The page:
Read Full Post »

Posted as a gift of my time and thoughts to the readers of my books, thank you for the lovely messages of appreciation,

© Jane Lark Publishing rights belong to Jane Lark,

this novel should not be recreated in any form without prior consent from Jane Lark

Part 123456789101112131415161718 ,192021222324252627282930313233,34,35,36373839404142434445464748495051525354555657585960616263646566, 67

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Richard

Richard ate breakfast amongst his family, while upstairs a manservant packed for the journey to India. Only Frederick knew Richard’s intent. His mother would be glad when he was gone but he had no desire to watch her pleasure. But Rose…

His mother and brother stood to leave the table. “Rose…” Richard caught her attention before she could leave with them.

“Do you wish to ask me about Miss Martin?” She moved to a chair nearer his, beckoning a footman to pour her another coffee as the door shut behind the others.

Richard waited for her coffee to be poured and then signalled to the footman to leave them. “No, I do not want to talk about Miss Martin,” Richard answered once they were alone. “But I do have something to tell you. I am leaving England because it is better that I go.”

“Better for whom?” she responded, sitting back as though he had struck her.

“For everyone bar you, I think,” he answered. “But you have Amelia and Alicia, and Frederick, you do not need me, Rose.”

“I will judge that.” She glowered at him, with accusation and pain in her eyes. “What of Miss Martin? Do you no longer care for her after making her cry?”

“Her feelings are not the same as mine. There is no point in my staying here.”

“Not even for your family?”

“I have a business to manage. It will not manage itself.”

“And your lands and responsibilities here will?”

“Frederick has agreed to handle it all, he is very capable.”

“So not even Miss Martin will keep you here, ?”

“I told you, Rose,” he said, more forcefully. “Miss Martin does not wish me to stay. She does not need me.”

Rase’s fingers clasped about his hand. “She cried for you last night, Richard,”

He pulled his hand free and picked up his coffee cup. “She was crying for her mother,” he stated before he drank.

“Someone ought to cry for you, Richard,” Rose said. “You need to let someone care.”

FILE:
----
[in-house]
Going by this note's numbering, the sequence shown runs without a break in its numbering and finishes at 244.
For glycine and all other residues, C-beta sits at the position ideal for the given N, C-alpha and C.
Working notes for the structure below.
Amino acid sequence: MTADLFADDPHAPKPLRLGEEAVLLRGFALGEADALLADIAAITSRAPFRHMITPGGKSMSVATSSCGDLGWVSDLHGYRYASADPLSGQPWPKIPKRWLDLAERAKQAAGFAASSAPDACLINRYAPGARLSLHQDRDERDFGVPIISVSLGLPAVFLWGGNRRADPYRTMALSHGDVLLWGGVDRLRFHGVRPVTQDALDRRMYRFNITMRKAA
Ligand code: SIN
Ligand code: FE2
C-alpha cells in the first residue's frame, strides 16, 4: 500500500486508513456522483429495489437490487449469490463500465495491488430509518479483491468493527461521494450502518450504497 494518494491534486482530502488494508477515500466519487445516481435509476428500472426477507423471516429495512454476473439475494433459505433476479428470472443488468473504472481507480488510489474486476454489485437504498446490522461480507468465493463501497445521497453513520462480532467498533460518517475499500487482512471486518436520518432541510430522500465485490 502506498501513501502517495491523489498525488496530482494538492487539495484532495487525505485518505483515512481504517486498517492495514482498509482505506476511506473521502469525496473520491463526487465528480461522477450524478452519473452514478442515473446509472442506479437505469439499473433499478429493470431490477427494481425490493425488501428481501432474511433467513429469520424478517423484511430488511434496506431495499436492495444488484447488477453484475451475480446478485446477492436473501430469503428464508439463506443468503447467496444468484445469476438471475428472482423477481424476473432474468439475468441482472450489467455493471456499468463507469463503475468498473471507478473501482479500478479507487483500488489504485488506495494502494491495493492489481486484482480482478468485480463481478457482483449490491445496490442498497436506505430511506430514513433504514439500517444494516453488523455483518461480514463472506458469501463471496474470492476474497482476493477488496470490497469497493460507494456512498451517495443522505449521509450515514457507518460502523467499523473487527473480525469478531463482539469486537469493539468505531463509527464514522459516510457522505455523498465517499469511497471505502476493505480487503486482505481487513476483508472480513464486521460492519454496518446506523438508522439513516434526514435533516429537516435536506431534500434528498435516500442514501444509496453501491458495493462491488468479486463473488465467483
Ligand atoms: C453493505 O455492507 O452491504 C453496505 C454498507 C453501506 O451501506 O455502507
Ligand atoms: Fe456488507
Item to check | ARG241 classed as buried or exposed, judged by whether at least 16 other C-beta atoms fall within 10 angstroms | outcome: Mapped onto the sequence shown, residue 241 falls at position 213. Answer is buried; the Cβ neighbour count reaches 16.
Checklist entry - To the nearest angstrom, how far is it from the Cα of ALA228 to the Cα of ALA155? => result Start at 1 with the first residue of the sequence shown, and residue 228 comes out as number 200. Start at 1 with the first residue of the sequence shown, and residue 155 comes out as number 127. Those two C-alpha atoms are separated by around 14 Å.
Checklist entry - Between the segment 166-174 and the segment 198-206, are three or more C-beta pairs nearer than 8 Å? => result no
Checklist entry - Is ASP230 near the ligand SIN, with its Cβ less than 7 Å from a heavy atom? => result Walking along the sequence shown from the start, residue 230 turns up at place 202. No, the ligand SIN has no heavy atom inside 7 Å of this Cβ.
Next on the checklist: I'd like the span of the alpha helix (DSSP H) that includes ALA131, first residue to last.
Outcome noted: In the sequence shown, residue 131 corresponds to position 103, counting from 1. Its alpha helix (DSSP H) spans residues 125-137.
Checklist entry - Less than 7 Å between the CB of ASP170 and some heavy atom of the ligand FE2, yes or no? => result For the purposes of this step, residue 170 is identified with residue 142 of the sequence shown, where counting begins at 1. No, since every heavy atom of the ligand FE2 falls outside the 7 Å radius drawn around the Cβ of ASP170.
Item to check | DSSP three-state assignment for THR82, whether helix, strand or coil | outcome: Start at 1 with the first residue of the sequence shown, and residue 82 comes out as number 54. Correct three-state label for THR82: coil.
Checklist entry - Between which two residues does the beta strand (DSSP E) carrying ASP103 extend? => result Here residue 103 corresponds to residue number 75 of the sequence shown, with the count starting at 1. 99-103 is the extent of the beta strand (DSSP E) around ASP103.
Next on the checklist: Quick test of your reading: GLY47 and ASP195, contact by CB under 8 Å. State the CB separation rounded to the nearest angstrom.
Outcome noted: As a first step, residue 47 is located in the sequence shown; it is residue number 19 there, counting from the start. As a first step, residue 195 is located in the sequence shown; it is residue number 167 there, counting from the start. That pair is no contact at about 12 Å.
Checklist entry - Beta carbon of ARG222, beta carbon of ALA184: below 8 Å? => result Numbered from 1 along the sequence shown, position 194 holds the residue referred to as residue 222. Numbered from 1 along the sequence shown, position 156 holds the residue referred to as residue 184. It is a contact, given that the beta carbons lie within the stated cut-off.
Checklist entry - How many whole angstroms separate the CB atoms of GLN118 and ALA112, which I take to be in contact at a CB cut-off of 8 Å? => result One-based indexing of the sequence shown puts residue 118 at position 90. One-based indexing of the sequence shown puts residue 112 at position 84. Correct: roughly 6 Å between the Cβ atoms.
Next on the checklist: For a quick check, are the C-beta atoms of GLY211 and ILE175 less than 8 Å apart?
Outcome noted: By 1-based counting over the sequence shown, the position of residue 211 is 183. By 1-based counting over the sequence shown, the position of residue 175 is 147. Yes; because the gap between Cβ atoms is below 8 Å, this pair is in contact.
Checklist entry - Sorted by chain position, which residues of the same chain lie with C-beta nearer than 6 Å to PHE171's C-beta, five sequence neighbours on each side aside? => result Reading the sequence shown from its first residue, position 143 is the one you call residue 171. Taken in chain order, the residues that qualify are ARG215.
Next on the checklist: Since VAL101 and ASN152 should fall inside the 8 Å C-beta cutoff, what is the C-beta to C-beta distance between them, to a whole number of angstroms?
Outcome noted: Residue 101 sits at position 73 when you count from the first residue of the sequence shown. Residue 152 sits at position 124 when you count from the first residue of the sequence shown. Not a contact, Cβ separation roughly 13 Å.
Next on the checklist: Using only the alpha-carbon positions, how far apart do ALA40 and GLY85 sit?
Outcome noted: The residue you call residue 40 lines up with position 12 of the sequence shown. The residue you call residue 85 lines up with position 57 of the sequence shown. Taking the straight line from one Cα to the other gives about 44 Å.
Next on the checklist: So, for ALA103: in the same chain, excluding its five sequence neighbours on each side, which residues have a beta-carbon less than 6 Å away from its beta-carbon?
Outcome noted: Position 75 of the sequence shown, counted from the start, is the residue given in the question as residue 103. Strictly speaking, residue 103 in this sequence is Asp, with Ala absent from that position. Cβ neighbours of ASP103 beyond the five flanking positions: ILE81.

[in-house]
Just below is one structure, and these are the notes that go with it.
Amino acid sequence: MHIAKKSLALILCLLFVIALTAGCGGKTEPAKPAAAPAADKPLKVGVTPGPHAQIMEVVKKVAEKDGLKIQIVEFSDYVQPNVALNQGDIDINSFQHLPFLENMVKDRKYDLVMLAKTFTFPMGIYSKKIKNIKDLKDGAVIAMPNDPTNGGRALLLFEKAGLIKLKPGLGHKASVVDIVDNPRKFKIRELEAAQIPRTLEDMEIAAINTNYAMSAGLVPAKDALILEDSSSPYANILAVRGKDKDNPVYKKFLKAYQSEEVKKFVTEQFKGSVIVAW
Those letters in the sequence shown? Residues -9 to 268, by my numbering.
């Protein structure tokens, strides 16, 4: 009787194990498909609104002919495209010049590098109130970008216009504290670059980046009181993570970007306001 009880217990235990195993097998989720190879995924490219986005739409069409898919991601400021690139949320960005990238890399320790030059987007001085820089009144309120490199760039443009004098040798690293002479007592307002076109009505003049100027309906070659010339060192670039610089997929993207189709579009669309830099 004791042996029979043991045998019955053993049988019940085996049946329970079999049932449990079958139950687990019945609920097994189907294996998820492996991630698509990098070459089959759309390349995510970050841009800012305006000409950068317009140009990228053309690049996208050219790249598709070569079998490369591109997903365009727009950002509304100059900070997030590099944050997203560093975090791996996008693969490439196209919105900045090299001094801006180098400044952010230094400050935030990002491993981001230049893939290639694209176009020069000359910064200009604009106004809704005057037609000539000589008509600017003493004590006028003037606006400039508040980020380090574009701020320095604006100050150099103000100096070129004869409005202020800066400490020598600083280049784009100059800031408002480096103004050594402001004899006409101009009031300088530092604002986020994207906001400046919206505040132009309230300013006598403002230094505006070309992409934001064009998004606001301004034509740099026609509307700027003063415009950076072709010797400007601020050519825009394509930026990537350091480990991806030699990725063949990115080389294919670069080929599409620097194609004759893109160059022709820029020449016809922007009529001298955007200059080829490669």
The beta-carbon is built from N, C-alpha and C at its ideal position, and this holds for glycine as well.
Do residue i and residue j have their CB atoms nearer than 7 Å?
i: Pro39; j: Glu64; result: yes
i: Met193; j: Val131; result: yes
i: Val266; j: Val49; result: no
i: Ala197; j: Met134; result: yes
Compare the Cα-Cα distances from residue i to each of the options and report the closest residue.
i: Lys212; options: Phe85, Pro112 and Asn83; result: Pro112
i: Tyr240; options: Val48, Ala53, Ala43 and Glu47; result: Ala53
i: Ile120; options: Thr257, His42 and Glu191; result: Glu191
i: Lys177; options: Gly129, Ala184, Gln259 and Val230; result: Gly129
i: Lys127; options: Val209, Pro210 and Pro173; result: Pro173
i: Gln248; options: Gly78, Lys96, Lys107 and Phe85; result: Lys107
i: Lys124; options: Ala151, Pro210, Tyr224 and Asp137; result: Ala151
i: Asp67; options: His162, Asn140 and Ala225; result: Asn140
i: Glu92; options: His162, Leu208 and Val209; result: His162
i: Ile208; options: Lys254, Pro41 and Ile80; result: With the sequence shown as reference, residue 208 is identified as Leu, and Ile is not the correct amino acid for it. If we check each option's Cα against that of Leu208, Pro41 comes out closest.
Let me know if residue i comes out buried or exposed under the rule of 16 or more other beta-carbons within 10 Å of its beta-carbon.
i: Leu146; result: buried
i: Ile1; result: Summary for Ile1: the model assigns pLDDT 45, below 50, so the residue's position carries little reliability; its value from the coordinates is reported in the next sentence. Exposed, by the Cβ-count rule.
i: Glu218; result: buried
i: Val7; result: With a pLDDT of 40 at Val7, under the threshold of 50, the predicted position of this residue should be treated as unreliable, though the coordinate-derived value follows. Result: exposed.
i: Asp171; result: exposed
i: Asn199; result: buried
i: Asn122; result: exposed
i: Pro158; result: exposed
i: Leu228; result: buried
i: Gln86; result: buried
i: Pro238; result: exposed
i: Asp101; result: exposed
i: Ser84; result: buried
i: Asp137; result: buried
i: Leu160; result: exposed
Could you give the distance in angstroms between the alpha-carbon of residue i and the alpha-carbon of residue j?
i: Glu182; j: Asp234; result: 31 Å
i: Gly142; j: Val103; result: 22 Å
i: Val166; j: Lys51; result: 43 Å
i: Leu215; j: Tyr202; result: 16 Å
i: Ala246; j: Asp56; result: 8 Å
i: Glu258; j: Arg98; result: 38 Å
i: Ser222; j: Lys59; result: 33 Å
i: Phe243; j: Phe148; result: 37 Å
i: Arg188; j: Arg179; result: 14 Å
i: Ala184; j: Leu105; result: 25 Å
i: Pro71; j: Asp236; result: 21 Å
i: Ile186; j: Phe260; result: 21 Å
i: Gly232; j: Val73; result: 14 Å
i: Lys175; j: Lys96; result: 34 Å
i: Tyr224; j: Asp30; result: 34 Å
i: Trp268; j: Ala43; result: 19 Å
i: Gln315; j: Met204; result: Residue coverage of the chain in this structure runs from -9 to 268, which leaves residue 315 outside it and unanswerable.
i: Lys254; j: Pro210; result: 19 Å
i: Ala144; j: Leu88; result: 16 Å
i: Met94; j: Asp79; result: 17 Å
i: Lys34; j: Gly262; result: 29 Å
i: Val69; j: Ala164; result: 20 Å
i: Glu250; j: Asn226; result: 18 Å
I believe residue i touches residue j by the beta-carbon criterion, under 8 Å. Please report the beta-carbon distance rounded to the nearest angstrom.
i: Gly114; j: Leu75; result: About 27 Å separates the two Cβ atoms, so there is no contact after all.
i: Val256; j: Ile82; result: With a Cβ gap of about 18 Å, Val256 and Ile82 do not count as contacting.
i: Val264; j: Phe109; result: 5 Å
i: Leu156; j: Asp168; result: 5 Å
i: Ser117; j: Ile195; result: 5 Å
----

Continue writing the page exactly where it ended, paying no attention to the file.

He shook his head and stood. “My things should be packed. I am leaving in half-an-hour.”

“Today!” she stood too. “Why so soon?”

“One of my ships is in dock. It is catching the tide later.”

Her arms were about his neck then, holding him as she kissed his cheek. “I do not want you to go. I want you to be happy here.”

“I am happy when I am away from here.” Or he had been for years, or perhaps not happy but content. But he had been happy on the ship during the days Emerald had come to his cabin. What was it with women and their desire to make a man think his life was incomplete if it was not flooded with happiness. He had his business, he lived well, he did not lack anything––except Emerald––his heart surged with a deep regret.

“You are not happy in India,” Rose answered, her fingers touching his cheek. “You are lonely, but still you will not let anyone close, even your little sister who has adored you since she was three and only wishes good things for you.”

“Only since you were three?” he answered, cupping her chin and kissing her cheek. “I have adored you since you were born.”

She smiled.

“I will miss you, Rose. Considerably. But I cannot stay. Write to me as you have always done.”

“And you will rarely reply, as you have always done.”

“I will try to write more frequently.”

“And forget.” She held his hands. “I will come and say goodbye when you leave. Have you told, Mama?”

“No, you may do it for me when I am gone. I am sure she will celebrate this evening.”

“Coward.”

He laughed.

“She will not be happy, you know she will consider it a failing that you are walking away from your responsibility. I presume Frederick knows?”

“He does and I have bid Fred marry and bear heirs. That is what mother wants.”